Former State Superintendent for Education Glenn "Max" McGee's report on the achievement gap in Illinois schools also emphasized the importance of teachers' expectations and administrative leadership.
Many of the recommendations of former State Superintendent for Education Glenn “Max” McGee's recent report on achievement gaps among Illinois schools echo elements of the federal No Child Left Behind act, which will have broad impact on education in Illinois beginning this fall. McGee recommends that improving the achievement of low-income students must become the state's top priority, which is Title I of the federal legislation. McGee's report is also aligned with No Child Left Behind in its emphasis on the importance of developing measures of school performance and holding schools accountable.
Network 21: Quality Schools and Stronger Communities hosted a meeting on June 18, 2002 to hear the first public presentation of McGee's report, Closing Illinois' Achievement Gap: Lessons from the "Golden Spike" High Poverty High Performing Schools. The meeting also included presentations from members of the Illinois State Board of Education and Chicago Metropolis 2020.
Recent passage of the federal No Child Left Behind act made the presentations particularly timely given the consequences for failing schools mandated by the act. In Illinois, 232 schools – 179 of them in Chicago – are presently on the state’s Academic Early Warning List of failing schools.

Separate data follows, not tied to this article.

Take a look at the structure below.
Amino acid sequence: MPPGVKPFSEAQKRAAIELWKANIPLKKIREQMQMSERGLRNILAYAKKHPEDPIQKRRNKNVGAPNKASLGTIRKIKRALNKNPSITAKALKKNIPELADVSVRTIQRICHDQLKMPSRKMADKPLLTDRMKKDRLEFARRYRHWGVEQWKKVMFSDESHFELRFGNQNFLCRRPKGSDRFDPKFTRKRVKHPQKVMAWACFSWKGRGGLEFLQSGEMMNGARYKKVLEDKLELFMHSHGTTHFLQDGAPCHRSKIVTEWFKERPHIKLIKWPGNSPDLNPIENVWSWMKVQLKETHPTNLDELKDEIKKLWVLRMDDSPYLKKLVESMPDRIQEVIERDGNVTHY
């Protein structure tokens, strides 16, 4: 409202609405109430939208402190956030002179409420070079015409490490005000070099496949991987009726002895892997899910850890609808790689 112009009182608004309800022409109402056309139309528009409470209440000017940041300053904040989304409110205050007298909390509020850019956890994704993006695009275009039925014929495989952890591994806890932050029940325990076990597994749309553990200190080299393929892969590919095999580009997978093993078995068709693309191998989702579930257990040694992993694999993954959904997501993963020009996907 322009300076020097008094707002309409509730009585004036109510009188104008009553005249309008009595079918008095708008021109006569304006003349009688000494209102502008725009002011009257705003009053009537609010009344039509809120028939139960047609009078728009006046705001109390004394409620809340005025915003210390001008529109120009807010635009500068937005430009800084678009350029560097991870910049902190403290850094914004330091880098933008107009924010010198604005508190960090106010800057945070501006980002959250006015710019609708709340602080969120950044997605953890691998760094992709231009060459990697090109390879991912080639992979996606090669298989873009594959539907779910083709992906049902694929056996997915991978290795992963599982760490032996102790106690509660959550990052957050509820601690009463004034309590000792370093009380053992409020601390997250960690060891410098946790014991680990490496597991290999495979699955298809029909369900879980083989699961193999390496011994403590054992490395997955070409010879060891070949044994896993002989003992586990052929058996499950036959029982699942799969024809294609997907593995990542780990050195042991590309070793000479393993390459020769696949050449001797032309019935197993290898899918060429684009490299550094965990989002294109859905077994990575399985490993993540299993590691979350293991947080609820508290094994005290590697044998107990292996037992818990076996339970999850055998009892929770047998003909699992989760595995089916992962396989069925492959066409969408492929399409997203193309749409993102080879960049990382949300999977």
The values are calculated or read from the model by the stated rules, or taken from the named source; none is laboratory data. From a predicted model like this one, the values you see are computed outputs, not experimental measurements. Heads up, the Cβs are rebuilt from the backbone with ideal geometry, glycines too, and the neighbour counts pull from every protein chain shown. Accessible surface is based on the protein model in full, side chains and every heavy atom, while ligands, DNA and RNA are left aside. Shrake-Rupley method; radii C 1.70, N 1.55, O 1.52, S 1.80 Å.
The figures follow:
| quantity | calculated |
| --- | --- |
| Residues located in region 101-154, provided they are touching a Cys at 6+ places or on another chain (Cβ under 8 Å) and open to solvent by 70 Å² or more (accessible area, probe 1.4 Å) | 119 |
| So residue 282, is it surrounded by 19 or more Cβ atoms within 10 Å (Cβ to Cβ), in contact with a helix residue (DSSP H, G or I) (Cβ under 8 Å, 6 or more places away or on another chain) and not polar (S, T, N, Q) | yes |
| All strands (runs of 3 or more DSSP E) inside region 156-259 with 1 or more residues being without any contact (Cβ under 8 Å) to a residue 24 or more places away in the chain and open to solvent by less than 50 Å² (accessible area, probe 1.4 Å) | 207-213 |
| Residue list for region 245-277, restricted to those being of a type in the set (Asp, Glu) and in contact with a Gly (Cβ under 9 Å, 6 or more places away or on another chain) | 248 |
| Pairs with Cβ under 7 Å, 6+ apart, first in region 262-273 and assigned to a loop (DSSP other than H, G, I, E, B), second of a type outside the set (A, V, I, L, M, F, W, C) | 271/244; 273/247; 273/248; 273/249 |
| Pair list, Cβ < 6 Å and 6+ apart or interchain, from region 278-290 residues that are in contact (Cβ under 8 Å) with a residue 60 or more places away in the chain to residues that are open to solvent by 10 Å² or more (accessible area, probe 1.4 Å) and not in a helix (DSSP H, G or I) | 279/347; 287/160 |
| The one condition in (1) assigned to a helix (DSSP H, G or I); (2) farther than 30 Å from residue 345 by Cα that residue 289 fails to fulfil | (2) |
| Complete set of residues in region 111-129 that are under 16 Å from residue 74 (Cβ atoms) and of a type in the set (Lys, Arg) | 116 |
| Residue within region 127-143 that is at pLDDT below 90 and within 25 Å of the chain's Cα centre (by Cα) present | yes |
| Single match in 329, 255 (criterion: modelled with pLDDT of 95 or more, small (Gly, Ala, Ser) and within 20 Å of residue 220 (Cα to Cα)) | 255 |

'Golden Spike' Schools Closing the Achievement Gap
McGee defines the achievement gap as "the difference between the learning, i.e., 'achievement,' of poor students and their peers, between children of color and their peers, and between schools with a high percentage of low income families and their peers." Of the more than 900 high poverty schools in Illinois, less than 60 of them were also high performing, and approximately 400,000 of the 750,000 Illinois public school children from low-income families are being left behind.
Findings from his Closing Illinois' Achievement Gap report suggest that these schools differ in levels of leadership among teachers and administrators, have high levels of staff communication, make use of team-style professional development, institute intensive early literacy programs, have high levels of parent engagement and make more time available for learning (longer school years and longer classroom days). Further, he noted, students value the expectations of their teachers even more than their parents, and therefore teachers who hold low expectations of them have a negative effect on these students. In 'Golden Spike' schools, teachers' expectations for students are high.